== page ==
State of the State: Michigan

Michigan Governor Jennifer Granholm wins the prize among governors so far for referring to “manufacturing” or “manufacturer” 14 times in her State of the State address. The Democratic governor spoke Wednesday, and here are the first references from her speech, “A State in Transition: Crossing to the New Michigan Economy“:

Where the old Michigan economy was all about autos and manufacturing…the new Michigan economy is much broader: clean energy, life sciences – like bio-economy and medical devices – homeland security and defense, advanced- manufacturing, film and tourism.

We have steadily focused on the unique attributes that give Michigan a competitive advantage.

No state has the skilled workforce we do.

Nobody has the capacity and the manufacturing know-how we have.

Nobody has the natural resources – the forests, the diverse agriculture – the water…that we have.

Combine that with our great universities and colleges, and we’re using these unique assets to attract new companies and whole new industries.

That’s our competitive advantage.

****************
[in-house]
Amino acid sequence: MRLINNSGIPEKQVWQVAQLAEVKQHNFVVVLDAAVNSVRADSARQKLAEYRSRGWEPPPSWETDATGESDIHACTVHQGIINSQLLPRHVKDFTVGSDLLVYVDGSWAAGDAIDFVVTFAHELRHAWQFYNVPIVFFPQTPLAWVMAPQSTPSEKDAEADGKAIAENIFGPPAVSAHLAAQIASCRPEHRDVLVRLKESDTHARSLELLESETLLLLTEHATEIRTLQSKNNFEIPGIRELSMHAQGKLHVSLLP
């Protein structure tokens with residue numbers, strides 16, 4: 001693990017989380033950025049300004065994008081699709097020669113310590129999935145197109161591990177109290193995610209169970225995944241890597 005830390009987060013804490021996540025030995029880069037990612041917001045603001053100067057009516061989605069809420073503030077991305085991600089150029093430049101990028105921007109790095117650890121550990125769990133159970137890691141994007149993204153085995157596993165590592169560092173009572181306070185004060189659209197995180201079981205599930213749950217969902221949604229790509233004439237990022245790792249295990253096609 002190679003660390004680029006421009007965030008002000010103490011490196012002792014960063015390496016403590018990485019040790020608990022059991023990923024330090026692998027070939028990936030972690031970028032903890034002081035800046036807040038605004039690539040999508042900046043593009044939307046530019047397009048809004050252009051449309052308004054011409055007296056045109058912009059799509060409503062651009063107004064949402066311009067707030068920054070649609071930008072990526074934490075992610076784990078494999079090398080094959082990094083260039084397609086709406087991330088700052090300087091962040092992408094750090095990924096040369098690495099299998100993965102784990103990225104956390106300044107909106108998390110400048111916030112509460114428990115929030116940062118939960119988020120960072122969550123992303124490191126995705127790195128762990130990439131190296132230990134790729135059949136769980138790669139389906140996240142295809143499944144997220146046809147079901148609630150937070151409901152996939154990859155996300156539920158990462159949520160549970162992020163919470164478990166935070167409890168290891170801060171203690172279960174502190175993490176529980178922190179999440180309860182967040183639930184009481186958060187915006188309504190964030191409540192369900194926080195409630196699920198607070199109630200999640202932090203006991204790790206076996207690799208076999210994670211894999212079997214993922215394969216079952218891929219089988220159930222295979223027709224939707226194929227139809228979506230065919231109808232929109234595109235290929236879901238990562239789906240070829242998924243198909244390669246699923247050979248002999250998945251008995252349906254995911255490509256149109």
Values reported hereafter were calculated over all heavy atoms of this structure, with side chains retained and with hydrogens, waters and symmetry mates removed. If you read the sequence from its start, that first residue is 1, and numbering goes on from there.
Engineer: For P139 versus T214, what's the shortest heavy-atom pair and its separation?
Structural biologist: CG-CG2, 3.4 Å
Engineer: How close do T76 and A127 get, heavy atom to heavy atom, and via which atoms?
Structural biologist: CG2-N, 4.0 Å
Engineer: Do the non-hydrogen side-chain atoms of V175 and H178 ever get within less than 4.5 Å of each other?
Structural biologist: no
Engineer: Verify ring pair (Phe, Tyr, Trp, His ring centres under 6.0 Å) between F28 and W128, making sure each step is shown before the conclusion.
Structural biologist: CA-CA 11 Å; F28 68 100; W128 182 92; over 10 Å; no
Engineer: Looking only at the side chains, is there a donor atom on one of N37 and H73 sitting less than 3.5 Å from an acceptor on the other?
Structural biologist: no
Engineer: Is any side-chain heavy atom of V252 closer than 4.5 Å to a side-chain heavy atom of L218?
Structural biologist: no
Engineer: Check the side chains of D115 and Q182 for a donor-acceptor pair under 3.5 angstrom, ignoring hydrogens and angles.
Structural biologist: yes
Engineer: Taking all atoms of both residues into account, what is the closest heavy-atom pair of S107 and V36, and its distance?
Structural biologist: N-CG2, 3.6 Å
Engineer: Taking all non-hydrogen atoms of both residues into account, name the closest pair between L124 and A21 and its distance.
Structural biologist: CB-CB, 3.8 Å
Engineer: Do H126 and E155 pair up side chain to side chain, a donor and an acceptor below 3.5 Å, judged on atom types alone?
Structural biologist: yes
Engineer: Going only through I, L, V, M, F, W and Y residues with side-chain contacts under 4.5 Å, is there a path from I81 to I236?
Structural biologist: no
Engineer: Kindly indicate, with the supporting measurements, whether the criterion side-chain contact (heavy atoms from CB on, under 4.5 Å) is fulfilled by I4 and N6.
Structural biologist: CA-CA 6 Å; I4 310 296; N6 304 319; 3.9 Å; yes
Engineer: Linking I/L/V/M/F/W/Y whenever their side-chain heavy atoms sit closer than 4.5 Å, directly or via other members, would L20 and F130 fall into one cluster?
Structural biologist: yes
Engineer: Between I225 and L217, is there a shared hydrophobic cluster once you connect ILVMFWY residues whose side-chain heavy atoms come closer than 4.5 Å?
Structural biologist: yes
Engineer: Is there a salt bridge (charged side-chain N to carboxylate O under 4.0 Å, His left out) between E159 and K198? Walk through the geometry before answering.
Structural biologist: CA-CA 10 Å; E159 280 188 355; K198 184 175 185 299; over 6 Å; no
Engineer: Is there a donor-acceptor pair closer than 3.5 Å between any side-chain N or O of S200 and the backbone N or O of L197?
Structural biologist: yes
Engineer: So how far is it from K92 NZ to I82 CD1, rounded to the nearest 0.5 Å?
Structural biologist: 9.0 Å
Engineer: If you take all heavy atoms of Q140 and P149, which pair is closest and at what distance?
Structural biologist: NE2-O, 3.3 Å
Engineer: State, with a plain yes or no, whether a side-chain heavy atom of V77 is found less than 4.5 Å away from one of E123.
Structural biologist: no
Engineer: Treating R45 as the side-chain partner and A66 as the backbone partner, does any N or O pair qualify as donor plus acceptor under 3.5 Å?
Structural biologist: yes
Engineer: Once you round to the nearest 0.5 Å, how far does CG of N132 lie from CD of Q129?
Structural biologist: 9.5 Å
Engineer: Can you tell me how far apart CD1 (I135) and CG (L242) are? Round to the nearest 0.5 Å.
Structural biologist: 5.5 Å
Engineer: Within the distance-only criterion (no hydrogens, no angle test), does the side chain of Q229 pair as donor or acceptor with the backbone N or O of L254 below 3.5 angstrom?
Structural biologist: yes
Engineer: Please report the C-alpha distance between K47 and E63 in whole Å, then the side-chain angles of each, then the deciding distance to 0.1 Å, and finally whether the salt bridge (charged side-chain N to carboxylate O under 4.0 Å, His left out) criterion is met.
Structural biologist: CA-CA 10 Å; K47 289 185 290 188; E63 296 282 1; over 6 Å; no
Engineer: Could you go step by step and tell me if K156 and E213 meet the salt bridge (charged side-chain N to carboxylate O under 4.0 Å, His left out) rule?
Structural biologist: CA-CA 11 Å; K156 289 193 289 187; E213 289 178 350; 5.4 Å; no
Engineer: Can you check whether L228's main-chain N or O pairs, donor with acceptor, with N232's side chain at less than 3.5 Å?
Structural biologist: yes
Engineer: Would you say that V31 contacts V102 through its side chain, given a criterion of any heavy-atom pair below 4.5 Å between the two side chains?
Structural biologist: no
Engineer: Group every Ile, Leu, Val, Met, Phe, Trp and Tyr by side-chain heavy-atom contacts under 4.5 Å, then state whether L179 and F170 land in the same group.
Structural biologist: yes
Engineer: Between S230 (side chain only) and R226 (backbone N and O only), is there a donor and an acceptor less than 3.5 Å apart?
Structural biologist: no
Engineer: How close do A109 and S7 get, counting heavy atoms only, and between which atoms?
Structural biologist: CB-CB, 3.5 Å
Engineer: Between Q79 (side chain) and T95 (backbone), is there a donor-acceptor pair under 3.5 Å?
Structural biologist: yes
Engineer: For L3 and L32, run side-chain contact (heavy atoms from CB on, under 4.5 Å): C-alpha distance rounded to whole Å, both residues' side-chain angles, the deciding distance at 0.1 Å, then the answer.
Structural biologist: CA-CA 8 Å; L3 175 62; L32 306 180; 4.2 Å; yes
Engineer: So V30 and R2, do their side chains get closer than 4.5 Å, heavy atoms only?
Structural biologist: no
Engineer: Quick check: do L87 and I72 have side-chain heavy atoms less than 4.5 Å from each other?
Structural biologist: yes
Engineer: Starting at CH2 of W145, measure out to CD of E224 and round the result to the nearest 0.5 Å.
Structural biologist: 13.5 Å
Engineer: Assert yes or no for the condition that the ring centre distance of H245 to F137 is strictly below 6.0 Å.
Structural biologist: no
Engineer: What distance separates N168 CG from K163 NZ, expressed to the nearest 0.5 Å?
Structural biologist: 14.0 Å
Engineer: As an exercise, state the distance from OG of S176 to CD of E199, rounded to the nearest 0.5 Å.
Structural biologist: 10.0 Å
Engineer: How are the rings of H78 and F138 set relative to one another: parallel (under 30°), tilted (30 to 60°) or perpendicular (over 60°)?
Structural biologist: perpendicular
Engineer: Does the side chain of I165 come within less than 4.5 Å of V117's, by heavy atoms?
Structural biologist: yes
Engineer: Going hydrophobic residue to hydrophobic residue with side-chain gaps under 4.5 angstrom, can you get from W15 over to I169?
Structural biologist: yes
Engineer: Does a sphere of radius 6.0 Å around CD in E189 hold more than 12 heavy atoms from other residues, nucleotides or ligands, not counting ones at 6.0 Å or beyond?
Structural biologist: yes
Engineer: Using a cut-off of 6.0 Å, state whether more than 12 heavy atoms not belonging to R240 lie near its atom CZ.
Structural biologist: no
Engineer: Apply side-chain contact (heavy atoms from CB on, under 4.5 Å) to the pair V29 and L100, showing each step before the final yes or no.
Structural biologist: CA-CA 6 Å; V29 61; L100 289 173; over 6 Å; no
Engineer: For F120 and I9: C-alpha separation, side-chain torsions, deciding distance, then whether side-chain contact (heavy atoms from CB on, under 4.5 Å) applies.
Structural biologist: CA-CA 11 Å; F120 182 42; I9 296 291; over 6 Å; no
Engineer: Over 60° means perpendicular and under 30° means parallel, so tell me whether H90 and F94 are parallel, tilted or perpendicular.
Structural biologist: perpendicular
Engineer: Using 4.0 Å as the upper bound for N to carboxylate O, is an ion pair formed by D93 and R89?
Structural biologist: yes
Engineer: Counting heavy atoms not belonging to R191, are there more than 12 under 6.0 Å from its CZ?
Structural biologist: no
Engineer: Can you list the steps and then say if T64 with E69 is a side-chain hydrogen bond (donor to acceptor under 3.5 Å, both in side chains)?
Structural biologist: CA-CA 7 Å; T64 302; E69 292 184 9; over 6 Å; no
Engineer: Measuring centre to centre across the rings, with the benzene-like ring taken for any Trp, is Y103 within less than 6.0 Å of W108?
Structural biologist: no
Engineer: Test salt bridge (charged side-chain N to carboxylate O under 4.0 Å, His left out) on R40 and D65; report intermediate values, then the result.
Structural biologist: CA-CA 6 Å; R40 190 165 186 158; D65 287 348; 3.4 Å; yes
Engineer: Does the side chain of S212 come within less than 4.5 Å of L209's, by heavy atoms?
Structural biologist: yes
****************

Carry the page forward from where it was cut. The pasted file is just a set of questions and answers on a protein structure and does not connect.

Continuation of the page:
We’re also battling to help our core industries survive the turmoil of a volatile, globalized economy.

We don’t have to choose between strengthening Michigan’s manufacturing industries and
diversifying our economy.

We have shown that we can do both. We are doing both.

Detroit News cartoonist and editorial writer Henry Payne delivered what amounts to a conservative rebuttal at The National Review, “Michigan’s Blueprint for America,” concluding:

In the new Michigan, perpetual public stimulus in the form of government-directed industrial policy means non-stop headlines for the chief executive as she picks winners and losers for “new jobs.” Redirecting commerce through the capital, the governor’s power profile grows even as the broader business climate chokes.

Earlier posts on state of the state addresses.

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